They also have a new baby mule, born in March. Her name is Princess and she is white. She is a real cutie to watch.

Ken
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Old 01-25-2008, 05:32 AM   #8
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My mother purchased this same horse trailer. It is new to the market. She thought it might be her truck as well. She went out and bought a new Ford 250 4x4 and guess what- SAME PROBLEMS!! She is now in contact with dealer looking for some answers. She has tried everything to no avail. As soon as you pass 60mph- hang on for the sway ride....
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Old 01-25-2008, 06:44 AM   #9
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In addition to the above, check tires for capacity. A lot ove trailers have barely enough tire capacity, so without max pressure they are overloaded. Some can be overloaded anyway.
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Old 01-25-2008, 07:10 AM   #10
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Thanks for the replys.Good to hear from other owners of this trailer.
It is perfect for what the boy wants but not any good swaying.
He has put the Reese Cam anit sway bars on it and gotten a 1ton Dodge Dually.It is much better
but it still sways a little.He pulled it about
1600 miles without the mules and it was OK.
He has only pulled it a small amount with the mules and it still sways some.Didn't have any water in the front account of the temps,so that might help.We are starting to think some about the design.Will take a closer look at the tires but as I remember last summer they were adequite.Thanks again
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Old 01-25-2008, 07:32 AM   #11
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I am betting that the tires are the problem. You should be able to tow it with the dually without sway control although I would use it. I say tires from experience. Some 35+ yrs ago I had a 17' TT that I towed with a HD 1/2 ton. It towed like it was in mud. Above 45 it was wild. The tires were rated for about 300lbs more than the dry weight. They were 530x14 tire (if I remember right) I put on 700/15 6ply LT tire and could tow at 70 with no problem. Be sure the hitch weight is right first.
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Old 01-26-2008, 05:01 AM   #12
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check the basics like weight of the truck / trailer then hook the ball to the trailer with out the bars and the trailer not on the scale take not of the weights truck by it self , truck with just tounge weight , subtract the two. pull the trailer on to the scale with the truck off , use this number to find 12%~15% as stated above. That number should be very close to the differance hooked up and unladen weights subtracted from each other. Friction antisway is good for 4000 lbs , duel friction antisway is good up to about 8000lbs , I am not really a fan of them but they do work with in those limits. Beyond that the duel cam or hensley arrow or equalizer brand from 8000 lbs+ is really the safe set up . At a bare min a burb needs load range E tires to deal with any trailer over 4000 lbs ,P tires just have to soft of sidewall and help cause sway. The short wheel base of a suburban also is a draw back , long wheelbase extra cab short box truck is about 1 foot long and a crew cab is 2 feet longer, longer wheel base pulling rigs are more stable.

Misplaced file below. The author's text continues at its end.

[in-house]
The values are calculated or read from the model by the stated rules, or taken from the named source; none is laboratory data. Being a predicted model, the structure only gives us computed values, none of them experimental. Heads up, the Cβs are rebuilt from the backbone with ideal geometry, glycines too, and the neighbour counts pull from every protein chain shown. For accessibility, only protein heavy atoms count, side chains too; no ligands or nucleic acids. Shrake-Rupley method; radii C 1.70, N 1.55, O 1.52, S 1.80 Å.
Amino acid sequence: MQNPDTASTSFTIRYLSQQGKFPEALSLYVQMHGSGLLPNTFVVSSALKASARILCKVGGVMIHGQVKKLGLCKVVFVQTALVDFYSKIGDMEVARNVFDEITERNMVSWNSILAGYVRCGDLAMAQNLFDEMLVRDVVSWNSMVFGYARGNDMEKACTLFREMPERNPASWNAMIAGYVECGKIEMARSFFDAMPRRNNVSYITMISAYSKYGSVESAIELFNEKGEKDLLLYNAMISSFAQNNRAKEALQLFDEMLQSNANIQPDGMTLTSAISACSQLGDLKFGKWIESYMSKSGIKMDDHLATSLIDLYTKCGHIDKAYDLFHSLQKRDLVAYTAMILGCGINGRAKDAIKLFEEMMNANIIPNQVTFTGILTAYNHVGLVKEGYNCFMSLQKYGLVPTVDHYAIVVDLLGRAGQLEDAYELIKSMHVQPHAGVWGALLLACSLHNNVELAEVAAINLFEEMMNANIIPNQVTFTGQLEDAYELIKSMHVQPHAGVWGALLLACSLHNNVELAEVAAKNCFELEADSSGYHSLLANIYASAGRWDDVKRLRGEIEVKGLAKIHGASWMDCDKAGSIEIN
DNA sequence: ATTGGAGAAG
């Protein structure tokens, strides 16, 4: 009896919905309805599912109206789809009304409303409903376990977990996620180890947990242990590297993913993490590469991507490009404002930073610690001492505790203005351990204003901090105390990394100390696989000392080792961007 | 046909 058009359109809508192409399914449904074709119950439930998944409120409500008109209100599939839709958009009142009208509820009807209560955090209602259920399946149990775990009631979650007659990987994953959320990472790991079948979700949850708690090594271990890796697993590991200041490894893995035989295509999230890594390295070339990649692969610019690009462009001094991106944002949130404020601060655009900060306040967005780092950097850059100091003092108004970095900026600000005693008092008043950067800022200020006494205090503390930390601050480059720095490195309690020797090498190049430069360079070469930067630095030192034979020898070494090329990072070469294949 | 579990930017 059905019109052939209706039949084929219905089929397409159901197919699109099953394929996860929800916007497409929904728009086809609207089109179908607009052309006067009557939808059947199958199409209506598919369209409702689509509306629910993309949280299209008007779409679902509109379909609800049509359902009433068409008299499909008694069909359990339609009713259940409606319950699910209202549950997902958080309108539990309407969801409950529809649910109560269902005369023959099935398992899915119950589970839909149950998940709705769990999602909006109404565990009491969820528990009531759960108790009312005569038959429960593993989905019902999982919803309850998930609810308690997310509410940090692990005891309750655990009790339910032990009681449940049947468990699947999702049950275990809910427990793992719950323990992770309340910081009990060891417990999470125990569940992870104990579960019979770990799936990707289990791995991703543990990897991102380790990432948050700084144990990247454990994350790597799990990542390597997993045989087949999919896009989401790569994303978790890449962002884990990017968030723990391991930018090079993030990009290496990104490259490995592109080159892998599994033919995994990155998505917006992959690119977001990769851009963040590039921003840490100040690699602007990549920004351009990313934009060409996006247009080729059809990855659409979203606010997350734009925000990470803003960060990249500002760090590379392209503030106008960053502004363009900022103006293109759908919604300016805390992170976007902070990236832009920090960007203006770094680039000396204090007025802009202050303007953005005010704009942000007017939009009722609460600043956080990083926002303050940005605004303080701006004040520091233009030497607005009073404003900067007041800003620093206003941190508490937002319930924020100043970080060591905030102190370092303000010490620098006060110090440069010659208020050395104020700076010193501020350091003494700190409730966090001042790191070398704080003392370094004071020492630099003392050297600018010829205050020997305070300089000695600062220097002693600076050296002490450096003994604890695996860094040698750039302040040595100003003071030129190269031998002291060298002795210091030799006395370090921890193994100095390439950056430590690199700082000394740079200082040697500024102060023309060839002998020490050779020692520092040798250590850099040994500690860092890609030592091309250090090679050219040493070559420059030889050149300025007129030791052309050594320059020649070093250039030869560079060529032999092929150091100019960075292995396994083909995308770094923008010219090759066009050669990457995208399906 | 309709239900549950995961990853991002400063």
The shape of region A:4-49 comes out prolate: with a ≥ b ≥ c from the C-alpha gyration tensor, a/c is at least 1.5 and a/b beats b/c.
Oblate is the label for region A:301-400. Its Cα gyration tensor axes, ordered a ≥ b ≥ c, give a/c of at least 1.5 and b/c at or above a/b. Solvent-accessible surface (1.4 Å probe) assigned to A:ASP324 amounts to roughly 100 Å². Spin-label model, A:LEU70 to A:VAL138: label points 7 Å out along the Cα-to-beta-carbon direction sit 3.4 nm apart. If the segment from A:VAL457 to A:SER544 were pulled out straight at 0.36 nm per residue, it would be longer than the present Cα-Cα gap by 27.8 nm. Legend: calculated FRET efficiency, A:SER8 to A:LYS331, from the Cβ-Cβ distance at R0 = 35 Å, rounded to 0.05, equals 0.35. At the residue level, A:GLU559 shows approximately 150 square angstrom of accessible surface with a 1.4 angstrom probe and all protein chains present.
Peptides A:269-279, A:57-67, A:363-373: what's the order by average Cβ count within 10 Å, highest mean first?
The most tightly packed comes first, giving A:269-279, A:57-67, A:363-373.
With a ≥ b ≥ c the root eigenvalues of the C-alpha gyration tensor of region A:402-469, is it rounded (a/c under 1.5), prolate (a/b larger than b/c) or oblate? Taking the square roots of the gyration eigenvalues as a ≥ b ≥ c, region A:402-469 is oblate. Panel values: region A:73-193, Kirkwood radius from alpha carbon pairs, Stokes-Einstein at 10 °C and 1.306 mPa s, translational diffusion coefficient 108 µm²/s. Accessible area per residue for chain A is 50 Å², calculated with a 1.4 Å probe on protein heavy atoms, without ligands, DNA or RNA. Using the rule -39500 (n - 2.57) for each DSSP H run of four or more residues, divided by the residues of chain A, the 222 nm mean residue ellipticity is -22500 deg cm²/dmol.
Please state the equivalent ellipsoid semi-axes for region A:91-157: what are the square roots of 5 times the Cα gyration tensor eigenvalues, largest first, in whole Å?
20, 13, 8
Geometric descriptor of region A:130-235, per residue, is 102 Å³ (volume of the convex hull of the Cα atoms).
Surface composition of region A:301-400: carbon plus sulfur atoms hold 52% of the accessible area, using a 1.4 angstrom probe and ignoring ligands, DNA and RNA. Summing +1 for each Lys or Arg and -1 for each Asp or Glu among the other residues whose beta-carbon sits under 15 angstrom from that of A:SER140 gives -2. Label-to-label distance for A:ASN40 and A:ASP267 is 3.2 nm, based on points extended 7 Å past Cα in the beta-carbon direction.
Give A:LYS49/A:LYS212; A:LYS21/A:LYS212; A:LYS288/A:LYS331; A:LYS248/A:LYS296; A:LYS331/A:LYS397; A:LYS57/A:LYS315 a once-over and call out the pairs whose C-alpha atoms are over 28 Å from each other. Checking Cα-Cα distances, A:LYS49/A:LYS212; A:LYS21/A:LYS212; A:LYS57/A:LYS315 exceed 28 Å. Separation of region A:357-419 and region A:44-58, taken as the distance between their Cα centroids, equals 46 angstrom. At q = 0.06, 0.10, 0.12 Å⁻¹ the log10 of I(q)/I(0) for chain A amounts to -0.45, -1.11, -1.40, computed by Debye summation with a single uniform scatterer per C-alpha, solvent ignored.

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Old 01-26-2008, 02:49 PM   #13
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Keep the trailer tires inflated to sidewall maximum to reduce sway and tire roll. This is so vital that Carlisle even says you void the warranty if you don't inflate to sidewall maximum.
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Old 02-25-2008, 11:12 AM   #14
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Fuzz,
Please contact me at GATORJET@AOL.com. I have had it with this trailer swaying and have contacted a lawyer about a class action lawsuit and would like to discuss your swaying problems. Lakota is aware this problem exists and we as owners need to be contacted about a solution. The more people that come forward, the better off we will be in getting this resolved. I for one am not going to let my horse or me die because of a faulty design of a trailer. It sways because they located the axles too far forward. END OF STORY!